Dems see Trump support making Roskam vulnerable in 6th District

By Jack McCarthy Chronicle Media

U.S. Rep. Peter Roskam of Wheaton

Is Peter Roskam vulnerable as he seeks a seventh term in Congress next year?

At least seven Democrats see an opportunity to unseat the Wheaton Republican and have launched primary campaigns for their party’s nomination to oppose Roskam in next November’s general election.

The horseshoe-shaped Sixth District includes portions of Lake and McHenry counties, northwest Cook, northeast Kane and central DuPage.

Roskam, 56, has robustly supported  President Donald Trump in the first year of the new Republican Administration. He’s voted the Trump line  nearly 91 percent of the time —  including a repeal of the Affordable Care Act while advocating a sweeping tax reform bill.

But he’s traditionally earned strong ratings from conservative groups, including lifetime 82.77 score from the American Conservative Union and a top score from the National Rifle Association.

He has most recently helped shape a sweeping tax bill as member of the tax-writing House Ways and Means Committee and on the House-Senate conference committee that resolved differences between bills passed by the two chambers.

“This plan is a good plan,” Roskam told WGN-TV last month. “It offers middle income tax relief, it offers business income tax relief that we’ve been trying to do for years.”

But to many of Roskam’s constituents, the positions on health care and the tax bill — especially possible limitations on deductions of mortgage interest and state and local taxes —  are said to be increasingly unpopular.

Despite those votes,  outside observers still give Roskam the edge.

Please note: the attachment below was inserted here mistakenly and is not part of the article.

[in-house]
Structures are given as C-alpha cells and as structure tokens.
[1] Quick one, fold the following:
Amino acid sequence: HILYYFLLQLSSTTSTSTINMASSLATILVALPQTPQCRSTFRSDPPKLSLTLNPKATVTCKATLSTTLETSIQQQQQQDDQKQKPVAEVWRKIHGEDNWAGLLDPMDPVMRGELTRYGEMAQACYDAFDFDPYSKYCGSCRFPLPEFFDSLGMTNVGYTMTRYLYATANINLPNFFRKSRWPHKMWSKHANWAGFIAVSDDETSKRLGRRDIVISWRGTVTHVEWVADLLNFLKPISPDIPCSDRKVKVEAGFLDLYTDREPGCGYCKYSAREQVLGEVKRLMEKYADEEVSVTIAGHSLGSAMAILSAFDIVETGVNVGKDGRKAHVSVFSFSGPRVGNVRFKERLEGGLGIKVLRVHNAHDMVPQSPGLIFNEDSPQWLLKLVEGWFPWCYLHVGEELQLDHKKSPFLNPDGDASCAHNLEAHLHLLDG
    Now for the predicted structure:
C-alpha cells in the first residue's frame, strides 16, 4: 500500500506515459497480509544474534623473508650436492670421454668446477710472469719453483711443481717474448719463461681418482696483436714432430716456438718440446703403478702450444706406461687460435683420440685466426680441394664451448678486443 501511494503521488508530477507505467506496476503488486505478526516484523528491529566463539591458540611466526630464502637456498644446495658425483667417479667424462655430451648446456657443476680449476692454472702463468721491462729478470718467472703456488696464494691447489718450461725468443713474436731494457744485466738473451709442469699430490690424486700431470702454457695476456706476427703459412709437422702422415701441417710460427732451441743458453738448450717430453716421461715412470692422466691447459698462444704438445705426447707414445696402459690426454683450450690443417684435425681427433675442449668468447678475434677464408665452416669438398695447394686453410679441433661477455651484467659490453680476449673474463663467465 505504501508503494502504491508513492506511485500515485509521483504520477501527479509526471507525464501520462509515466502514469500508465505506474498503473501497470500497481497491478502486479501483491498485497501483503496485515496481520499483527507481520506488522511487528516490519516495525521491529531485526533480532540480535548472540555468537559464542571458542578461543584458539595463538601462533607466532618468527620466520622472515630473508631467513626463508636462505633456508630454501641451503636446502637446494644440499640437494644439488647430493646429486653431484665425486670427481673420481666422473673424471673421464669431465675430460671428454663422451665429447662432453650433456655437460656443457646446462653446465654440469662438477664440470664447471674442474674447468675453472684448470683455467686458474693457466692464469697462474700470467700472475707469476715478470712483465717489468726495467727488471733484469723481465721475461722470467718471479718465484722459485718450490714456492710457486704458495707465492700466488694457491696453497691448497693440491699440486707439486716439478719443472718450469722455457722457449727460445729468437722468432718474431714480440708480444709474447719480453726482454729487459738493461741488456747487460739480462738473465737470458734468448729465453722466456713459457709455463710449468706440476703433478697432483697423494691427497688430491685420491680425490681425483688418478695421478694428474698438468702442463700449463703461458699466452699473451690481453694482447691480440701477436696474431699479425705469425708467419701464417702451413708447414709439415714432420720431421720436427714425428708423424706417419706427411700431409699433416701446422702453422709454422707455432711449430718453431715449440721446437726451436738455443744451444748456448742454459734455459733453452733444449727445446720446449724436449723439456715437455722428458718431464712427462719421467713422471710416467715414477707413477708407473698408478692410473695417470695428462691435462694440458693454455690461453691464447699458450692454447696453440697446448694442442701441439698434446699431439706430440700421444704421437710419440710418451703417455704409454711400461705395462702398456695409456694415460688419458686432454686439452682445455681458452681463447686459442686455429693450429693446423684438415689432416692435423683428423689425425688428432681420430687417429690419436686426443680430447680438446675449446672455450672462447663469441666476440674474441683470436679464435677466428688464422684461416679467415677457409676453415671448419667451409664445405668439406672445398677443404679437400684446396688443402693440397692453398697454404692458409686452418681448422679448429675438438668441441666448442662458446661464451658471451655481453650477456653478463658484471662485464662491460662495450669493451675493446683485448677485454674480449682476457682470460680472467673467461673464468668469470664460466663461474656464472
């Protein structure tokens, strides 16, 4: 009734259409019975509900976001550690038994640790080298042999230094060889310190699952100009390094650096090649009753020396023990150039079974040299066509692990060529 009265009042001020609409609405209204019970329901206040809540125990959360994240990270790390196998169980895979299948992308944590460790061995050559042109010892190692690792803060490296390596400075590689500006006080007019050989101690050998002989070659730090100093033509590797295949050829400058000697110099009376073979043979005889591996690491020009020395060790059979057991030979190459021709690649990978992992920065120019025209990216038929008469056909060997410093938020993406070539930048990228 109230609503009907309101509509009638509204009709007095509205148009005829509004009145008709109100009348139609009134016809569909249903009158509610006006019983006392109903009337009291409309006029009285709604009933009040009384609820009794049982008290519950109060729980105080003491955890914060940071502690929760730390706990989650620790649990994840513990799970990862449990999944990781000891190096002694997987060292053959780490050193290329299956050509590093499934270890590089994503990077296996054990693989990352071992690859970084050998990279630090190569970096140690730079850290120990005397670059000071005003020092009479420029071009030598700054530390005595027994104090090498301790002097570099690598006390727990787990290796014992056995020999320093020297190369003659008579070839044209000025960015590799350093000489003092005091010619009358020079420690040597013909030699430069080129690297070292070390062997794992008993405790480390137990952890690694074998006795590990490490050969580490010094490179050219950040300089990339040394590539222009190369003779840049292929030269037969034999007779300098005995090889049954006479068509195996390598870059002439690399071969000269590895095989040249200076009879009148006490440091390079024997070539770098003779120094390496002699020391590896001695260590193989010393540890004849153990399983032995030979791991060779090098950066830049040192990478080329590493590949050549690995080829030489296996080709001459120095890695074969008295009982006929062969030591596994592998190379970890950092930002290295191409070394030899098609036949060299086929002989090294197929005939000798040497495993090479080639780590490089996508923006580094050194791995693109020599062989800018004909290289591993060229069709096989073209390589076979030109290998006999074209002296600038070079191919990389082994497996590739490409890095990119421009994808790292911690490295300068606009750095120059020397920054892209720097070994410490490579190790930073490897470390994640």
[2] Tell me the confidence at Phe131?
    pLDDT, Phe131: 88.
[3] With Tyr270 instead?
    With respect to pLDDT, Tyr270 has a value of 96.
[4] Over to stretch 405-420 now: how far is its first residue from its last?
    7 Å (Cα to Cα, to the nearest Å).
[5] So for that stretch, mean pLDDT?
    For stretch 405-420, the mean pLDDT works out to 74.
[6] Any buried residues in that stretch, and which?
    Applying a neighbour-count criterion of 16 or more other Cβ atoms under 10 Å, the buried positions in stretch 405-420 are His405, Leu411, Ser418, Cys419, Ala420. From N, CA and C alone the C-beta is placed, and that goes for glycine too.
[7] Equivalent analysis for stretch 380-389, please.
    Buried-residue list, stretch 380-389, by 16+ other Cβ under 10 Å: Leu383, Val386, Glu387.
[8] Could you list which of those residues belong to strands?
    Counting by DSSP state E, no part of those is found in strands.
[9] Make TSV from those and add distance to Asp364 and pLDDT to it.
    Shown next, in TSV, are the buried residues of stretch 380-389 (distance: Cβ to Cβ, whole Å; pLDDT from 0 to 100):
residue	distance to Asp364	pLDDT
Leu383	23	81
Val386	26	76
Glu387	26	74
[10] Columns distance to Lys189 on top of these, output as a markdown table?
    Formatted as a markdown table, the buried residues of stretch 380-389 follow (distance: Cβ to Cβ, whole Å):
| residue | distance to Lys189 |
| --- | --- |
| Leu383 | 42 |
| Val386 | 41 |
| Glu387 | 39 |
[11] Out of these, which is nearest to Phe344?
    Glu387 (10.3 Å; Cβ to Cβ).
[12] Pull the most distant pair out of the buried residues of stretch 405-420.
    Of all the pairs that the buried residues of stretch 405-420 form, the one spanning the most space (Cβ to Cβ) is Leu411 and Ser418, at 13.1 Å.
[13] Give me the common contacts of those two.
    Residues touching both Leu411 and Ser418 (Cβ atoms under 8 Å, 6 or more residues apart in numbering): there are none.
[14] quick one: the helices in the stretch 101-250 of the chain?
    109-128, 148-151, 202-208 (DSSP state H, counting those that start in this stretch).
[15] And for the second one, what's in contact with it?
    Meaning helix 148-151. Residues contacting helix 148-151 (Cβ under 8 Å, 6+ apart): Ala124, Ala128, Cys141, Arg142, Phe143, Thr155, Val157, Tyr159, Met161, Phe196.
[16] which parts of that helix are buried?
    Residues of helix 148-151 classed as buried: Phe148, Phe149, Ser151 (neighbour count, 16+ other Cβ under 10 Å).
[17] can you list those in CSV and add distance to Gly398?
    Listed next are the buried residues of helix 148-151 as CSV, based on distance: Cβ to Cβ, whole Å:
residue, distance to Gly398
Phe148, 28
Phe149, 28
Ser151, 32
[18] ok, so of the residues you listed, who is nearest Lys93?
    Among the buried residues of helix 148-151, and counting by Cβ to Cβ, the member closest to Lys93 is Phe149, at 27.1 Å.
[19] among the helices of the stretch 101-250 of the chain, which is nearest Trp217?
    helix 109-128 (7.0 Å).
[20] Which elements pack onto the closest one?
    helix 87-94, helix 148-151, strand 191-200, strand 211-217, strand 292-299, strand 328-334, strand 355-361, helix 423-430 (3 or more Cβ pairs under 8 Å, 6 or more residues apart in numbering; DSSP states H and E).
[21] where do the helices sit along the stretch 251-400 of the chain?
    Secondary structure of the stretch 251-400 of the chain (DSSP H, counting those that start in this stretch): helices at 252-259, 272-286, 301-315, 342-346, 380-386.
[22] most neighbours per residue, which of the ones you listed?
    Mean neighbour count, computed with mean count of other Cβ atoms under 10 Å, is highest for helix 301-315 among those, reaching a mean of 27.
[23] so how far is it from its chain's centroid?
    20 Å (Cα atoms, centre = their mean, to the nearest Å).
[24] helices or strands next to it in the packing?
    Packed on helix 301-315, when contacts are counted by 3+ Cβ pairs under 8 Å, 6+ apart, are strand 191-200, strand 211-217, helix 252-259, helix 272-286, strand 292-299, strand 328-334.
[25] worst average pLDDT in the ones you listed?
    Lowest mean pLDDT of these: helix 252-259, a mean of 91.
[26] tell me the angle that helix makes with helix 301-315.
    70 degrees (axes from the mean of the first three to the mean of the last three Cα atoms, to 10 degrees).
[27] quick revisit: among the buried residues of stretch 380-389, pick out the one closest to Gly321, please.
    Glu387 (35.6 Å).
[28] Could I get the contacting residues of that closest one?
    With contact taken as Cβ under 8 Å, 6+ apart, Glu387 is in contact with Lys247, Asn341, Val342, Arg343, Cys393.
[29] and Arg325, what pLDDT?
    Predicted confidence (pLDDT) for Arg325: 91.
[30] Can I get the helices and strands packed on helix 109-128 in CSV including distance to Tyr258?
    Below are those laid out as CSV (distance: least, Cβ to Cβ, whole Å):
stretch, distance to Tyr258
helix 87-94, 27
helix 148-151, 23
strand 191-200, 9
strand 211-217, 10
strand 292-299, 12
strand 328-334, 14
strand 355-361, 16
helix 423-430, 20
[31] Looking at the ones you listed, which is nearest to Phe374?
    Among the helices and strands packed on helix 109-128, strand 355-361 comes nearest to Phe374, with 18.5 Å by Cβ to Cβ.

Sabato’s Crystal Ball and Inside Elections say the district will likely remain Republican. Cook Political Report rated the race a toss-up last summer.

Capitol Fax, produced by longtime Illinois political observer Rich Miller, said a mid-November survey by Democratic-leaning Public Policy Polling found Roskam had a 53 percent disapproval rating and that he would lose to a generic Democrat by a 51-41 percent margin at the time of the survey.

Further, the PPP poll reported a majority of voters (54%) would be less likely to support Roskam if he voted for the Trump tax plan.

Although boundaries have shifted over the years, the west suburban region has voted Republican for decades. It previously was a compact district largely covering DuPage County and represented for much of that time by the late Henry Hyde, who died in 2007.

Roskam was first elected in 2006, narrowly beating now-U.S. Sen. Tammy Duckworth.

The Sixth District was redrawn with expanded territory following the 2010 Census.

Democrat Hillary Rodham Clinton found local voters receptive during her 2016 presidential run and carried the district by seven points over  Trump. That  reversed a nine-point win by Republican Mitt Romney over incumbent President Barack Obama in 2012.

The district is targeted by Democratic Congressional Campaign Committee as among 23 currently represented by Republicans but won by Clinton last year.

The Democratic primary field includes five women and two men, including:

  • Becky Anderson, a Naperville City Council member and co-owner of Anderson’s Book Stores;
  • Sean Casten, a scientist and clean energy entrepreneur;
  • Carole Cheney, former district chief of staff for Rep. Bill Foster (D-11);
  • Amanda Howland, a College of Lake County trustee who ran against Roskam in 2016;
  • Ryan Huffman, a data analyst for a healthcare startup firm;
  • Kelly Mazeski, a former North Barrington village trustee;
  • Jennifer Zordani, an attorney.

Roskam has an outsized financial edge with $1.3 million in campaign cash on hand as of Sept. 30, according to Federal Election Commission reports.

The seven Democratic candidates reported a combined total of less than $1 million, led by Mazeski’s $342,755 as of late September. Mazeski has also earned endorsements from two current Illinois Democratic congressional representatives — Cheri Bustos (17th) and Jan Schakowsky

Howland is back for another run after a nearly 20-point loss to Roskam in 2016.




— Dems see Trump support making Roskam vulnerable in 6th District . —-